Four software designers who were instrumental in the creation of Google’s popular e-mail and mapping services have founded a new company with the intent of making it easy for people to find out what Web material their friends are enjoying.The company, FriendFeed, is the brainchild of Bret Taylor and Jim Norris, two of the programmers who built Google Maps. Several months ago the two men, both Stanford-trained computer scientists, teamed with Paul Buchheit and Sanjeev Singh, who were members of the original Gmail software design team.
Mr. Taylor said he and Mr. Norris left Google this year to create a company focused on data storage technologies, but they shifted direction several months ago.
FriendFeed users can see what their friends are reading, listening to or viewing on the Web as a continuous stream of notifications. This stream can appear on a personal Web page or in a module on the user’s customized page on Facebook or Google. The system does not require the installation of software, but it does require the friends to participate.
The system can track people’s activities on a variety of Web sites, ranging from collaborative news filtering sites like Digg and Slashdot to music services like Last.fm and video and photo services like YouTube and Flickr.
FriendFeed now supports 23 Web services, and it also permits users to comment on postings and carry on online discussions.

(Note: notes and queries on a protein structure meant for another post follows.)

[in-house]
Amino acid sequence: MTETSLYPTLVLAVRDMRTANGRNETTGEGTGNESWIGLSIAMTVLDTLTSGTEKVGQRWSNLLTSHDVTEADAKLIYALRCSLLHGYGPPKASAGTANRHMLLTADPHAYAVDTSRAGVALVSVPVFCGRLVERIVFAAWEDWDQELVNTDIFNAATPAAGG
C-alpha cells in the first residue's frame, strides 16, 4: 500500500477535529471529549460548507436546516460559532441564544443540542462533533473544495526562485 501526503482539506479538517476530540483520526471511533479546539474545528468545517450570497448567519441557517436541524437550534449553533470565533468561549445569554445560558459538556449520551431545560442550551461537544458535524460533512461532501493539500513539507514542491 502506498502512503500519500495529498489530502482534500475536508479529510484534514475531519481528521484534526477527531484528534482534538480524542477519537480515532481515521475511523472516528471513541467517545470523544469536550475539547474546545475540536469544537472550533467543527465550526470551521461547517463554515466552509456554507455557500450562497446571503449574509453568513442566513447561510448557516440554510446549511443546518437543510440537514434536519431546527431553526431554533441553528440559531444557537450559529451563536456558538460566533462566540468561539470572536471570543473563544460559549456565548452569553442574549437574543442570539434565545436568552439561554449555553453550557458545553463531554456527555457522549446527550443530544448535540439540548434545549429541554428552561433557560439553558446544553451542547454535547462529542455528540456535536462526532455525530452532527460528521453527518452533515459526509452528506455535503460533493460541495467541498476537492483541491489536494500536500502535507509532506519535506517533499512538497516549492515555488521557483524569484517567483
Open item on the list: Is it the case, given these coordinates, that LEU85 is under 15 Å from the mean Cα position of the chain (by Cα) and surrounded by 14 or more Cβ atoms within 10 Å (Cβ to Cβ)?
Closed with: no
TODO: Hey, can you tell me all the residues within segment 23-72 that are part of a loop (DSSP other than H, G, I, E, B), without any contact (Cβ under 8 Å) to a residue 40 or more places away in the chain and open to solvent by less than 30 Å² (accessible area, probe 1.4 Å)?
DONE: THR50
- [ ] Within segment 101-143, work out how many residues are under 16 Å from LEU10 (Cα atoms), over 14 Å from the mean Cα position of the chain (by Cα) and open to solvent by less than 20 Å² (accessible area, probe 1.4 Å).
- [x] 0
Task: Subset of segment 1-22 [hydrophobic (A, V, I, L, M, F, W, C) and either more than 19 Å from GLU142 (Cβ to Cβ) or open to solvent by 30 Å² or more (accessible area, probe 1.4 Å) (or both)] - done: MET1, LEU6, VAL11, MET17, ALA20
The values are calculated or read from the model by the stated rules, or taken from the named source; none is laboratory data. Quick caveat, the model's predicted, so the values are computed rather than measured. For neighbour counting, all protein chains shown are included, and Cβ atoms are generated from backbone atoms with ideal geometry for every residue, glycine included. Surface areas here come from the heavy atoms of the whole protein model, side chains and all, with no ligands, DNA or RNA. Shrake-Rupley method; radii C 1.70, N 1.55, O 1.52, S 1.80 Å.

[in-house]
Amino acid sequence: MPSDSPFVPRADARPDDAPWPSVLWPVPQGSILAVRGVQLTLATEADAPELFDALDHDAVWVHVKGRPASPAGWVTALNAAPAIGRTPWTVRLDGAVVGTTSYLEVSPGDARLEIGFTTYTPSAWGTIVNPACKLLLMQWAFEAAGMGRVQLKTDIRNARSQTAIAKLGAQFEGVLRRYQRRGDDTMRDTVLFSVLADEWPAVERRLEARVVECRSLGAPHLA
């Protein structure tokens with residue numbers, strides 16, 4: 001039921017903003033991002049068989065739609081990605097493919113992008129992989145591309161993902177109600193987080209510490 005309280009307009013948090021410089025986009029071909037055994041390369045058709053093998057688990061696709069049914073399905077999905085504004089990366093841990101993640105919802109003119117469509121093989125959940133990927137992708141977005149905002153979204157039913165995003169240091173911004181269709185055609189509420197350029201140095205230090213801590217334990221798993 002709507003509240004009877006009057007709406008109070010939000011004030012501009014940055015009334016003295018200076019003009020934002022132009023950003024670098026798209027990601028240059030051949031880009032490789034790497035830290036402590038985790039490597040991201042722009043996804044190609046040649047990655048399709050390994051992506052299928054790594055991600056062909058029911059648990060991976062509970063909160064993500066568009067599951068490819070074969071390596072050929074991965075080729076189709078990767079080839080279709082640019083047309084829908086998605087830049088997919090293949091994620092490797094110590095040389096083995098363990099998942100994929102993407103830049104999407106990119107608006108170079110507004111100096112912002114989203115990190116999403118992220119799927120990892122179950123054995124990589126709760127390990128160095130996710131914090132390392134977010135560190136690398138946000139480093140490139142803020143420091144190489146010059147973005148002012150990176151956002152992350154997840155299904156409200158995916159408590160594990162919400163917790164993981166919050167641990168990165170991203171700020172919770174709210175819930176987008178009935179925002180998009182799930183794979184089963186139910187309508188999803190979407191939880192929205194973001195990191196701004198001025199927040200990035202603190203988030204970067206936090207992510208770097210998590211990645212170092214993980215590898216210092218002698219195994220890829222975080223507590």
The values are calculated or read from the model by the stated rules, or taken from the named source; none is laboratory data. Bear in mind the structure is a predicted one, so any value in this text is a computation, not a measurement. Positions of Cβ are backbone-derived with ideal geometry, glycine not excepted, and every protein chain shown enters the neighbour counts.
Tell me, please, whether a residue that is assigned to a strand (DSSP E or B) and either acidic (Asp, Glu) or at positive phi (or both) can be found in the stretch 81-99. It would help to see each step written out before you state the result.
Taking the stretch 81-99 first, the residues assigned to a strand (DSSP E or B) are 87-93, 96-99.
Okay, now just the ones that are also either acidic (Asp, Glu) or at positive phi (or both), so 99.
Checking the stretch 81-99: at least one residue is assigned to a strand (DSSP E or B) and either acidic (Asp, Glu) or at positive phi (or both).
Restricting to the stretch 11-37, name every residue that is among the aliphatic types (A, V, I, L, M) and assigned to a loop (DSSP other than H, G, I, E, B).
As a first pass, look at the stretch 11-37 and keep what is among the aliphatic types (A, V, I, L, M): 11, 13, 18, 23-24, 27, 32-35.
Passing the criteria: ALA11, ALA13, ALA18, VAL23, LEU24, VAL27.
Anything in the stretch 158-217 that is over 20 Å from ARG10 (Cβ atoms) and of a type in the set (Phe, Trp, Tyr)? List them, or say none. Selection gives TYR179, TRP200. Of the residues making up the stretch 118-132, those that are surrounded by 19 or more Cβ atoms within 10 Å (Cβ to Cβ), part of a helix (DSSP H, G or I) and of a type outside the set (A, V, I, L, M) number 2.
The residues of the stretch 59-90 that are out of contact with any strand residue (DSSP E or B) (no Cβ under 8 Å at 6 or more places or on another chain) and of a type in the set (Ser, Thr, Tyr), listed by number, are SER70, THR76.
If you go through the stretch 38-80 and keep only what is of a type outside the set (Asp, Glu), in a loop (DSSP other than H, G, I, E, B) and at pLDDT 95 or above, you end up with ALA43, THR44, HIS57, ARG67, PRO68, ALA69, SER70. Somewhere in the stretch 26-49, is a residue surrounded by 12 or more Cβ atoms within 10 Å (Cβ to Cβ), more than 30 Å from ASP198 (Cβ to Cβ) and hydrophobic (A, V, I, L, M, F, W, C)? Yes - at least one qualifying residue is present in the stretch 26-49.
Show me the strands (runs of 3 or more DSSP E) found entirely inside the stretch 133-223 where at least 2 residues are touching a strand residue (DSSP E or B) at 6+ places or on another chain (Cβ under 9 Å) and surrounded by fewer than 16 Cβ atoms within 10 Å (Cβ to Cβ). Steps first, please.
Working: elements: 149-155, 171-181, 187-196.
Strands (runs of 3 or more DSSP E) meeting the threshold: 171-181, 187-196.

“This gives you a snapshot of what people you know think is interesting,” Mr. Taylor said. “It’s kind of a blog that writes itself.”
FriendFeed will be made available to several thousand users on Monday, and new users will gradually be permitted to join after that.
The designers said they were aware that theirs is not a unique effort to find simple ways to share online content. Other sharing services include Kaboodle, which Hearst acquired last month, and Clipmarks, which Forbes has bought. Plum is an independent start-up that has designed a free Web service for collecting and sharing online information.
Google itself recently created a feature for capturing and sharing Web pages called Shared Stuff that it has not yet publicly announced.
The creators of FriendFeed say their system is intended to be as simple as possible. “I like this because it doesn’t require me to do anything new,” Mr. Taylor said.
Before teaming up with the other former Google programmers, Mr. Buchheit, who was an early Google employee and left the company after it went public, had been working as a private investor. But he said he enjoyed the “purity” of designing a product from scratch and getting feedback from thousands of users.